Ray Gowlett is a professional MMA fighter, motocross racer and research skeptic.
His lab contains almost 600 subjects (it’s a high school) and Ray is constantly seeking new ways to teach and coach. Many of these kids are high-level athletes; just as many don’t want to be in the class at all. He’s always trying new things, but this cross-pollination of students means every innovation has to satisfy two standards:
1. It has to make people fitter;
2. It has to make people happier.
Ray coined the phrase we repeat at Catalyst often: “Exercise until you’re happy.” It’s the base of the hierarchy he teaches students. He also teaches research skepticism: how to read and rank the value of “research.” Imagine a generation of people who believe what they read on Facebook: that’s what’s coming, except for the students in Ray’s classes.
I introduce this episode with the question, “Are we measuring 2016 results with 2001 technology?” CrossFit coaches are the champions of objectively-measurable fitness, and exercisers become addicted to having a “score.” But other gym chains, like Orange Theory, are beginning to nibble at our lunch: giant scoreboards focusing on one correlate of fitness draw huge crowds. We can be defensive, or we can do better.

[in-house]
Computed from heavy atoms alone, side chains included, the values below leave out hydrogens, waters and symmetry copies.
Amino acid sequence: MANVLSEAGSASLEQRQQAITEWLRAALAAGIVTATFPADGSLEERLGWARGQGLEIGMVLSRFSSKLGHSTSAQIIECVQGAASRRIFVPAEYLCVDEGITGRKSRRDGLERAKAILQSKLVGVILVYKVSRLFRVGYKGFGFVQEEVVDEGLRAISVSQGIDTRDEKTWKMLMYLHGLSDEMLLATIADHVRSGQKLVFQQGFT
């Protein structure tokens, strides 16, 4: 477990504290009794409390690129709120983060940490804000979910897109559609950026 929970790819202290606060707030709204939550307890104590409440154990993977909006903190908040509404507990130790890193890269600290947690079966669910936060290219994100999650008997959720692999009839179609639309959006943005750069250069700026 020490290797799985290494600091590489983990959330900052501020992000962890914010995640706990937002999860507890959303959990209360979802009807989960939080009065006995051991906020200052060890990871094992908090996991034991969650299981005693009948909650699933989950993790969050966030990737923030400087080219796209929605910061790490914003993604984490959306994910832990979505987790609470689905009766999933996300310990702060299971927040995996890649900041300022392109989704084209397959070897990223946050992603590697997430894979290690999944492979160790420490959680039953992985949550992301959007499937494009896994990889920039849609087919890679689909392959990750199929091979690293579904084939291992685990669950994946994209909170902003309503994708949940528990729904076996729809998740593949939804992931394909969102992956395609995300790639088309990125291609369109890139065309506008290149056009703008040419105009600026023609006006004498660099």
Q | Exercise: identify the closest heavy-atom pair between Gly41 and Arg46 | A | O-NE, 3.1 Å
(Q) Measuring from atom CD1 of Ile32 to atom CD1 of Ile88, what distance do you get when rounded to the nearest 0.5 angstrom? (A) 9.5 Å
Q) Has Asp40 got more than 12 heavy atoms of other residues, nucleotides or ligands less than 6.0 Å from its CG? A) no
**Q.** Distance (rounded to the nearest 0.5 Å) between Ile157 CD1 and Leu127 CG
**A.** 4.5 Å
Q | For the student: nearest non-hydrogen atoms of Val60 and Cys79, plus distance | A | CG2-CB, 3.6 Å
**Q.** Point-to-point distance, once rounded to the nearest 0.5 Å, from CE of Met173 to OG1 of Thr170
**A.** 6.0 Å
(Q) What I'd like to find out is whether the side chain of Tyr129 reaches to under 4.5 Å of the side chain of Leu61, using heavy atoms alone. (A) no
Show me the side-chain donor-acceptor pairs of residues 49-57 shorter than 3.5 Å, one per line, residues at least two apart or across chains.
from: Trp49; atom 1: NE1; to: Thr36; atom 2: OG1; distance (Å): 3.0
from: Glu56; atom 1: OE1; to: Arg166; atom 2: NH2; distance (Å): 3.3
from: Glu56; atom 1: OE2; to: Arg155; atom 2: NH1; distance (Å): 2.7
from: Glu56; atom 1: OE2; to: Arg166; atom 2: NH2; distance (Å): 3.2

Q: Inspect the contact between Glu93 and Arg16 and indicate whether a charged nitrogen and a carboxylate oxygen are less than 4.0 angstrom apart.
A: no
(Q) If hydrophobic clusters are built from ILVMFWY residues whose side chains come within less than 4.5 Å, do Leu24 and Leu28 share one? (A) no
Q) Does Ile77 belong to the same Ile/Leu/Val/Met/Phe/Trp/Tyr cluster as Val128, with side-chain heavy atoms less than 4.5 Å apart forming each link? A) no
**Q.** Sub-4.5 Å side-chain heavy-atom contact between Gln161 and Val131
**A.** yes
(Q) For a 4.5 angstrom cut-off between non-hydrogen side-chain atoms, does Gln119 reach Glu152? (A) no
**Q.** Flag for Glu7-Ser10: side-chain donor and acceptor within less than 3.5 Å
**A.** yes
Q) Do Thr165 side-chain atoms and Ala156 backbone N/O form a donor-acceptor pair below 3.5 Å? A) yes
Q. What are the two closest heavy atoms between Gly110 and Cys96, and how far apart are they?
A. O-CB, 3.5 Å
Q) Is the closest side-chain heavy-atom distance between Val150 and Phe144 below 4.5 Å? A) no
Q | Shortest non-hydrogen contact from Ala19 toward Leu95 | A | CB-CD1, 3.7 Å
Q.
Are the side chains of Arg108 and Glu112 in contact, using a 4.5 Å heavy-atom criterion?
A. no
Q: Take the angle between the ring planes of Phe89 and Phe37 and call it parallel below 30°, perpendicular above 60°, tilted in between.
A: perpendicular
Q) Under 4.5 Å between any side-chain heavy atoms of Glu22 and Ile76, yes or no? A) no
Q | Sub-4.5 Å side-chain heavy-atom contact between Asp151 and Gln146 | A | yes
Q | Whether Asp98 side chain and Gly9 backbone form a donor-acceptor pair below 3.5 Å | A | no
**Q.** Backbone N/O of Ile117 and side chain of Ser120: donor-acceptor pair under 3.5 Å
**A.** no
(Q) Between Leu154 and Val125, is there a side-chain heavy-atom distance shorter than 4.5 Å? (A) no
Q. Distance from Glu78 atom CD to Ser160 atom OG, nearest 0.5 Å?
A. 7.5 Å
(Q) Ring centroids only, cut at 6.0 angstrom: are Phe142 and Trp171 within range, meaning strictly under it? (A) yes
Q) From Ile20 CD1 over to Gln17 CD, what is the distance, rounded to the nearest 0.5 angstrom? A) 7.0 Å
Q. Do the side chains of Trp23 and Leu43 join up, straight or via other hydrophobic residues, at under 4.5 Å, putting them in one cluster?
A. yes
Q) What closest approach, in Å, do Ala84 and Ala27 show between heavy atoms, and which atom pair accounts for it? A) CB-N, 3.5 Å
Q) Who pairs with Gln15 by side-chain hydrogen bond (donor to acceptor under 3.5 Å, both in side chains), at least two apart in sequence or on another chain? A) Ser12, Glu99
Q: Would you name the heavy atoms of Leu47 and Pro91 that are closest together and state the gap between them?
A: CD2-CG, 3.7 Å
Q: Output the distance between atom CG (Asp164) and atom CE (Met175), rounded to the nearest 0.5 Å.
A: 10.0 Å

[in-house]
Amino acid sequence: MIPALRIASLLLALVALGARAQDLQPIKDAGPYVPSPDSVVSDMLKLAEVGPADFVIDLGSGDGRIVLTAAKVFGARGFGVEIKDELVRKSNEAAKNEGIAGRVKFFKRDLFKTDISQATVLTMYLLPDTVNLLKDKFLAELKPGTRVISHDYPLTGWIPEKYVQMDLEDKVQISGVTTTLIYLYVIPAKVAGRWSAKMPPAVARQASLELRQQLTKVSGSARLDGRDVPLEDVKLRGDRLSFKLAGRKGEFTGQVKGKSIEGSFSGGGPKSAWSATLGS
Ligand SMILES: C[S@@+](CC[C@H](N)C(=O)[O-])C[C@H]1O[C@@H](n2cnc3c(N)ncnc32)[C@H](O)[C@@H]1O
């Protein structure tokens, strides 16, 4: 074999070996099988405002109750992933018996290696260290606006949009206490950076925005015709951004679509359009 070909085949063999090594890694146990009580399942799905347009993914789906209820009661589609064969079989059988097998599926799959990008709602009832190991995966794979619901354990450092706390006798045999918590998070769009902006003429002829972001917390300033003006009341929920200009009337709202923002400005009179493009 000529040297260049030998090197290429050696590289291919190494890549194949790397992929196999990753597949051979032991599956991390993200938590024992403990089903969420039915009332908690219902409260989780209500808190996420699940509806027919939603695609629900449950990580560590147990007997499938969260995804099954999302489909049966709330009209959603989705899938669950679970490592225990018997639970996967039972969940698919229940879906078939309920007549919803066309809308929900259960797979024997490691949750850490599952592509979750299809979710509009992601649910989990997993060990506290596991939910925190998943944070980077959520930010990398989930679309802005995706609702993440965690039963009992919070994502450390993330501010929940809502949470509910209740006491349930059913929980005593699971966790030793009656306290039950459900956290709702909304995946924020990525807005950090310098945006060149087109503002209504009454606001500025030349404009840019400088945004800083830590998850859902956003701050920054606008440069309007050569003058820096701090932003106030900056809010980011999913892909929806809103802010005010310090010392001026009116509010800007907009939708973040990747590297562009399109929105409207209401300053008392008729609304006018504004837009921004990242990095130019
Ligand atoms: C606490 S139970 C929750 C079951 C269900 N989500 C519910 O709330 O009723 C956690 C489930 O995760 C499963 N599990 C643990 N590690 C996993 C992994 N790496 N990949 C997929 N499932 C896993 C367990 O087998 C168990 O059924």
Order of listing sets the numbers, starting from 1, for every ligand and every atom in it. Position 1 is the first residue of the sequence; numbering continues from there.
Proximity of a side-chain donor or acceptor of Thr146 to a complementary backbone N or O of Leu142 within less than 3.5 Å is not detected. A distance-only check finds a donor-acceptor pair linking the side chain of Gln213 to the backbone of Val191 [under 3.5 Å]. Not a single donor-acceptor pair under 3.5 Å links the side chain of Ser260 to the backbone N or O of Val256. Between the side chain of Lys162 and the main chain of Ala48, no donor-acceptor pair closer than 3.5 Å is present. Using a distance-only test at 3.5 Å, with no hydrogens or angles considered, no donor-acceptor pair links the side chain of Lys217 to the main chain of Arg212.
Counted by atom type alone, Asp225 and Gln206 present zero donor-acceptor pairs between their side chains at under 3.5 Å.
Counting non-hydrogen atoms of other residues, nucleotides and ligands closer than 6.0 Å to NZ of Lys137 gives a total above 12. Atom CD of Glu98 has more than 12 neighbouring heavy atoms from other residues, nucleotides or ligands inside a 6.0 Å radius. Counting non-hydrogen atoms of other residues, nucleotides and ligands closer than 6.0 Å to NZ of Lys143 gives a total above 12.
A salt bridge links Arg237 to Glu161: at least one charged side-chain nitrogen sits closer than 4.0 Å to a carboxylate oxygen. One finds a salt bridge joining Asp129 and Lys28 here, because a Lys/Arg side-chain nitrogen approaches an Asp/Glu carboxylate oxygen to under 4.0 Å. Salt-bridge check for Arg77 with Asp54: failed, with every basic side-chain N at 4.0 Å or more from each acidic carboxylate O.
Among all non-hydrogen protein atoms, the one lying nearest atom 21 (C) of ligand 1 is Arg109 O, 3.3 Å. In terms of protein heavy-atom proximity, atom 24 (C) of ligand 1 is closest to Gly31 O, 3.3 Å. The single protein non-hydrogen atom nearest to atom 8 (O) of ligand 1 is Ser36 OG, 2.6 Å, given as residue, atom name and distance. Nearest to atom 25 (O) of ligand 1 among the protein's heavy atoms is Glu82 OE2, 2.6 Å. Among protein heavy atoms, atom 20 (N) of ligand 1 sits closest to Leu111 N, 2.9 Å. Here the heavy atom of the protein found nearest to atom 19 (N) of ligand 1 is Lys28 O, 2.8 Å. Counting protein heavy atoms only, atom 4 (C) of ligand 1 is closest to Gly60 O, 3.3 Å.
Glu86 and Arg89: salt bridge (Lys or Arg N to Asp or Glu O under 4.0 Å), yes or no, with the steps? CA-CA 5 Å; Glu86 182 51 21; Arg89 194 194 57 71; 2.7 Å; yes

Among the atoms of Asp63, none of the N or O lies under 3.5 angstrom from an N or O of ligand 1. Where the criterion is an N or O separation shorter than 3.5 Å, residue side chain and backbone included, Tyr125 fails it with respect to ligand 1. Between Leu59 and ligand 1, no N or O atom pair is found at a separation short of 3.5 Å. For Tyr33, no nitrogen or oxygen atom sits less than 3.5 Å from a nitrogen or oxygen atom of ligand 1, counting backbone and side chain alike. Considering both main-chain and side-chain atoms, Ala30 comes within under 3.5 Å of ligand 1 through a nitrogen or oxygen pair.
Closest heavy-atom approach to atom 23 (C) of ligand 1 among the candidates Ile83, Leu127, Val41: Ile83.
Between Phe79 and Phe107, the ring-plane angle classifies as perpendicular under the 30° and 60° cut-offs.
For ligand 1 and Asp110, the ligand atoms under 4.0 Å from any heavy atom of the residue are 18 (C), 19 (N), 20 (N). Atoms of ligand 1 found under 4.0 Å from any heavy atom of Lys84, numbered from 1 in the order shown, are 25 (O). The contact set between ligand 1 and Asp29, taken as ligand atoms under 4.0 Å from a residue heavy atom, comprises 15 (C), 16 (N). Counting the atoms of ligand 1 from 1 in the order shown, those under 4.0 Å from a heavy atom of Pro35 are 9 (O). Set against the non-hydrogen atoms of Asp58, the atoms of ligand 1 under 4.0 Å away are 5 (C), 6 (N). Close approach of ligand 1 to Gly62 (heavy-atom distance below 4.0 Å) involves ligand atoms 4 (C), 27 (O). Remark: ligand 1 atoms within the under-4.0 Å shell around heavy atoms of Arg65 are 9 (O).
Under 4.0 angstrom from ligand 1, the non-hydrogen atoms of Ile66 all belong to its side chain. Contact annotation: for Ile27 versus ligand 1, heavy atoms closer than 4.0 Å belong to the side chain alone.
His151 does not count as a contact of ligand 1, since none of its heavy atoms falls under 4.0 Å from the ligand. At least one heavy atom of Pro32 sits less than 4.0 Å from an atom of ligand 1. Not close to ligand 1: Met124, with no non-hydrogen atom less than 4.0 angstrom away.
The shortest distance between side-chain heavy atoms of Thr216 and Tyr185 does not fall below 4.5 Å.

This episode is the beginning of that conversation: how do we leverage tech to enhance fitness? Will measurement and feedback help us reach higher levels…or is it only useful to get clients in the gym more often?
In “Coach’s Confessional,” I talk about the one of the (very few) mistakes I HAVEN’T made myself, but see all too often in struggling gyms: the “lifetime membership.” It’s a monkey’s paw, and I’ll explain why.
My next seminar is April 16 in Charlotte, NC. Get signed up!
Is 1RM a good surrogate measure of Rate of Force Development (RFD?)
For decades, we’ve known that speed is the primary currency of sport. Sometimes that speed is combined with power or agility. But our training plans focus on dependencies of speed (like one-rep max) in our attempt to improve RFD. It’s backward, but it’s all most of us have. I’m certainly guilty. We use heavy lifts to improve speed…but we should be using speed to improve speed.
The challenge (until now) has been the cost to acquire specialty equipment that can be used only on one athlete at a time. A $2000 accelerometer is on the “lottery list” of many coaches, but now the technology is available in smaller portable forms. At $300, accelerometers are going to become more prevalent. And if CrossFit gyms decide they’re useful, the price will drop dramatically.
ARE they useful? That’s what I talk about with Ray. Potential is not promise; sexy toys aren’t always best for your practice (exhibit A: jerk blocks.)
In a future episode, we’ll talk with gym owners using heart rate technology in their classes (business AND training implications.)
Recorded on March 4, 2016.